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Thursday, May 30, 2024
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UB Council Student Representative candidates barred from running on advocacy

Ahead of the election, applicants were instructed not to promote themselves as student advocates

The Student Engagement office in 150 SU.
The Student Engagement office in 150 SU.

UPDATE: On Thursday, April 24, Thomas Vane provided The Spectrum with a copy of the Election Rules and Regulations for the Student Representative position. Part II of that document contains section D. 7. A., the section Vane cited, which states that applicants may not "convey false information pertaining to the election, other applicants, or themselves in any way, shape, or form."

UB Council Student Representative candidates can’t include advocacy initiatives in their official platforms after a UB election official told candidates that such proposals amounted to “providing false information” about the election. 

The new prohibition represents a marked change from previous years, when most candidates’ platforms focused on advocacy.

Last year, current Student Representative Alika Turton campaigned on improving on-campus disability services, bus wait times and better meal plans. Other candidates that year said they would advocate for mental health resources, DEI initiatives, more scholarships for students, stricter measures to address climate change and more.

Instead of having a platform, candidates are allowed to have a biography that tells voters why they are qualified to be the student representative.

All three candidates — Turton, Cameron Kiner and Jack Walsh — received an email from Student Engagement Assistant Director Thomas Vane last week that informed them of violations to “Section D. 7. A.,” despite “explicit instruction” given at a mandatory meeting attended by all of the candidates.

According to Vane’s email, section D. 7. A. states that “no applicant may: convey false information pertaining to the election, other applicants, or themselves in any way, shape, or form.” The email goes on to say that candidates violated the policy by describing the council representative as a “student advocate” and “confusing voters on the responsibilities of the position.” Candidates “found responsible for continued violation” will be referred to Student Conduct for “review and sanctioning.”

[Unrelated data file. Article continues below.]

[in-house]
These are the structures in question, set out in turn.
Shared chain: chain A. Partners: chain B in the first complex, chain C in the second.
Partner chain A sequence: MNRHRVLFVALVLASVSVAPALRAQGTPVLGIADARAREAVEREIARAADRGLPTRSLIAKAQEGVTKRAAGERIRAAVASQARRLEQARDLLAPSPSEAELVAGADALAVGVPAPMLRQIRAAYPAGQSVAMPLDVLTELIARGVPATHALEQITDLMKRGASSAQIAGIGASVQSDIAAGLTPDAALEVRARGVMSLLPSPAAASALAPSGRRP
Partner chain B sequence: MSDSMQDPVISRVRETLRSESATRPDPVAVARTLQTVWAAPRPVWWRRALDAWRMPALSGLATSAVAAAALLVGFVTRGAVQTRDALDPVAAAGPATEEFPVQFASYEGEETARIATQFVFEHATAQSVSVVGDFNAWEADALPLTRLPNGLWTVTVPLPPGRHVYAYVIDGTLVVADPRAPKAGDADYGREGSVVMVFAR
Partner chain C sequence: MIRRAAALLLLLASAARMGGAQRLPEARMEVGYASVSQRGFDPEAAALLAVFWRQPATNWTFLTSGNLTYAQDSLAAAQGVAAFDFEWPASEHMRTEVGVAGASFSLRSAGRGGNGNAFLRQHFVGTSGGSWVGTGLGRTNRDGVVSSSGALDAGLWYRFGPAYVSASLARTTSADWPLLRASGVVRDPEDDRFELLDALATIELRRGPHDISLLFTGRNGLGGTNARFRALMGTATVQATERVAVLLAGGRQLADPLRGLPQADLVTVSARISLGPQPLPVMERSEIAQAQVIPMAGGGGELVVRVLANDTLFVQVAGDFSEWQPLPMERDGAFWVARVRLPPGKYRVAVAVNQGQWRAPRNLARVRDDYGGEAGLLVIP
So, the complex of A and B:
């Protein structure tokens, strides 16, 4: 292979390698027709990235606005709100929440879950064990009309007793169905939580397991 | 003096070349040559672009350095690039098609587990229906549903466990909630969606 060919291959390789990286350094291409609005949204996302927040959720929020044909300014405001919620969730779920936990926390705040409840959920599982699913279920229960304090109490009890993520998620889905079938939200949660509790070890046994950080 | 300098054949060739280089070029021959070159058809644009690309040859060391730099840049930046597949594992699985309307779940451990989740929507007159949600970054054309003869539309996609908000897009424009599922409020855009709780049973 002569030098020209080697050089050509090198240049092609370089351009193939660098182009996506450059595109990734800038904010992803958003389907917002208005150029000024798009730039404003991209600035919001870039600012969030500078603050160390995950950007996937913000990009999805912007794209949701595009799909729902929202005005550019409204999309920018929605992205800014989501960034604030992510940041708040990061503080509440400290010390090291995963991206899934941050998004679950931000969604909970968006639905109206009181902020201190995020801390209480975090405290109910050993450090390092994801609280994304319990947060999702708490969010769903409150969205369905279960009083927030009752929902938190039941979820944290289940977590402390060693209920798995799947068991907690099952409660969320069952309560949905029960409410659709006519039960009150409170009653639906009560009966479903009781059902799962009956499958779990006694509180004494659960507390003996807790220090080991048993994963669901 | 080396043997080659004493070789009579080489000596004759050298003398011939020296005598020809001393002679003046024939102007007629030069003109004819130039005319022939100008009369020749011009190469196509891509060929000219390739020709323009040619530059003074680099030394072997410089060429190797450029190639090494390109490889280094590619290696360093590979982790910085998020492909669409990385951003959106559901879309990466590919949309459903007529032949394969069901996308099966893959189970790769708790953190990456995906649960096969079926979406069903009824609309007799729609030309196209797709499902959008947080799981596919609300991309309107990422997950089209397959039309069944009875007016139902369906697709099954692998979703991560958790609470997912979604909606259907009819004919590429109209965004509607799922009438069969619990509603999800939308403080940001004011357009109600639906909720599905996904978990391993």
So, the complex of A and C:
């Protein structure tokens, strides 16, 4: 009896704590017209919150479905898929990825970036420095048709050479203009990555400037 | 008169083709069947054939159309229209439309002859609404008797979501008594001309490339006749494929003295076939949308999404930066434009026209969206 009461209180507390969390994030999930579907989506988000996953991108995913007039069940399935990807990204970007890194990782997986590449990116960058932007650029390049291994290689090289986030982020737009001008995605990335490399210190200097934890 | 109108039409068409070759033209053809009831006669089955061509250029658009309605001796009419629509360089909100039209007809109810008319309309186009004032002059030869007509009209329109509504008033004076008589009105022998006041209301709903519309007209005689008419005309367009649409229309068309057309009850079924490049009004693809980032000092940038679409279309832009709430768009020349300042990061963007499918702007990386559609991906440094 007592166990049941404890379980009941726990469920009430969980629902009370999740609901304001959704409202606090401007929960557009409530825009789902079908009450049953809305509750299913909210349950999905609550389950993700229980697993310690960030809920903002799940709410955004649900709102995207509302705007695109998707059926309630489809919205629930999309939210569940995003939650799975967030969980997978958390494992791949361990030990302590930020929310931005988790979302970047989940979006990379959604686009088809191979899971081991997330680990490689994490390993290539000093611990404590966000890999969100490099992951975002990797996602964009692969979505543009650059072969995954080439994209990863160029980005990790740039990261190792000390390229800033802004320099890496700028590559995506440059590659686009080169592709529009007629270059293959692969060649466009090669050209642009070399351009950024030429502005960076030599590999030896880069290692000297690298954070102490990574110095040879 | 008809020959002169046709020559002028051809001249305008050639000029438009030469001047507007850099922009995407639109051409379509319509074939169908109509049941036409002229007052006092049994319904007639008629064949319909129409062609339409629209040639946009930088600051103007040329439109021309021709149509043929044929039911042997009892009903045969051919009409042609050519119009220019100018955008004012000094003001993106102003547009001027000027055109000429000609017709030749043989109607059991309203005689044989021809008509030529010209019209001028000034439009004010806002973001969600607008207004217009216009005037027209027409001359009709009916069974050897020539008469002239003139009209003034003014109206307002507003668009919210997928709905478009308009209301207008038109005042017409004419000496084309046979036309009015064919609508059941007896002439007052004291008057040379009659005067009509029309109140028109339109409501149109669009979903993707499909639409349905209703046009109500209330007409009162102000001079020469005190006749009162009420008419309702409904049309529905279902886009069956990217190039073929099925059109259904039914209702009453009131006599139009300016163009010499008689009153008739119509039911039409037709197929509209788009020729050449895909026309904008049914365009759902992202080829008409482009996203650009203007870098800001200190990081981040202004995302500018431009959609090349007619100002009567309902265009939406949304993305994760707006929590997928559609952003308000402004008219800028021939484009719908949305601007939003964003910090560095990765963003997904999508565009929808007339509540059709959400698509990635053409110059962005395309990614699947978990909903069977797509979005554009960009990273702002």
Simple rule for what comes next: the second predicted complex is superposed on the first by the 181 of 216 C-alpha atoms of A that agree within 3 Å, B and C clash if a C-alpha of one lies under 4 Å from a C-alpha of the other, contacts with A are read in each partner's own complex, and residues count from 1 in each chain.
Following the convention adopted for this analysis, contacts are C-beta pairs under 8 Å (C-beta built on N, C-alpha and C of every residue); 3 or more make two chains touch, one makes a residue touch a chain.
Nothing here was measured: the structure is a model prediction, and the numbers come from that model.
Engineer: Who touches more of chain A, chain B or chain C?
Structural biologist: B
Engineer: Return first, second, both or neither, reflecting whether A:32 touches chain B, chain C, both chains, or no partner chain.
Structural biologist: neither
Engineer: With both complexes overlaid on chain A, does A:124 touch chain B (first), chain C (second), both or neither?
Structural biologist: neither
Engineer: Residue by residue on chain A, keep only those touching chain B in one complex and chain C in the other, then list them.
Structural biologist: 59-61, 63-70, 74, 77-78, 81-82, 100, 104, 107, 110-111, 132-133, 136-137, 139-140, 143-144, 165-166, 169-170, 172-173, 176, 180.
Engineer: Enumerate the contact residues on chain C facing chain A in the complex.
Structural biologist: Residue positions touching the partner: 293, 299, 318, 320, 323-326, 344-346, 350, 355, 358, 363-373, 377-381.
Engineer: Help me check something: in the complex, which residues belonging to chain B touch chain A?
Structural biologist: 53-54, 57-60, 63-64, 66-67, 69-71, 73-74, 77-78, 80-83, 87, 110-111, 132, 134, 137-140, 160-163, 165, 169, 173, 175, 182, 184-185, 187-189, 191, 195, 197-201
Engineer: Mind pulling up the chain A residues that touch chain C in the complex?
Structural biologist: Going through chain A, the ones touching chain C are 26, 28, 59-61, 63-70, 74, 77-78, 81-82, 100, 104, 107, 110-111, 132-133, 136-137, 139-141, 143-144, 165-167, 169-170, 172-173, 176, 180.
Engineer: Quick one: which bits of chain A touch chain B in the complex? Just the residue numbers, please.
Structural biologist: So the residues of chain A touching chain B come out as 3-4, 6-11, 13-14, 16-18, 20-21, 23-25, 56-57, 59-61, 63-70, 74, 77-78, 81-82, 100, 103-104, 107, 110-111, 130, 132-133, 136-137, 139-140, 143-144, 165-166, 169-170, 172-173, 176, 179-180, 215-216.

Vane’s email did not state what policy or document included “Section D. 7. A.” 

Identical language exists in the undergraduate Student Association’s (SA) “Election Rules and Regulations,” but the University Council Student Representative isn’t an SA position. The Spectrum couldn’t find the policy containing “Section D. 7. A.” Vane didn’t respond to a request for clarification. 

“Heading into the voting process for the 2024-25 UB Council Student Representative, Student Engagement felt it was important to clarify — both for applicants and student voters — the roles and responsibilities of the position,” Vane wrote in an email to The Spectrum. “The UB Council Student Representative is strictly an advisory position, serving as a voting member of the UB Council, while also convening the Council of Advocacy & Leadership.”

Vane said candidates may use their biographies to describe their qualifying experiences.

“The biography may include topics such as academic accomplishments, campus involvement, and other experiences that are applicable to the role, such as facilitation, public speaking & presentation skills, and timely and thorough communication skills,” Vane wrote.

Voting began on UBLinked Monday morning and will conclude Wednesday, April 24, at 11:59 p.m.

Alisha Allison is an assistant news editor and can be reached at



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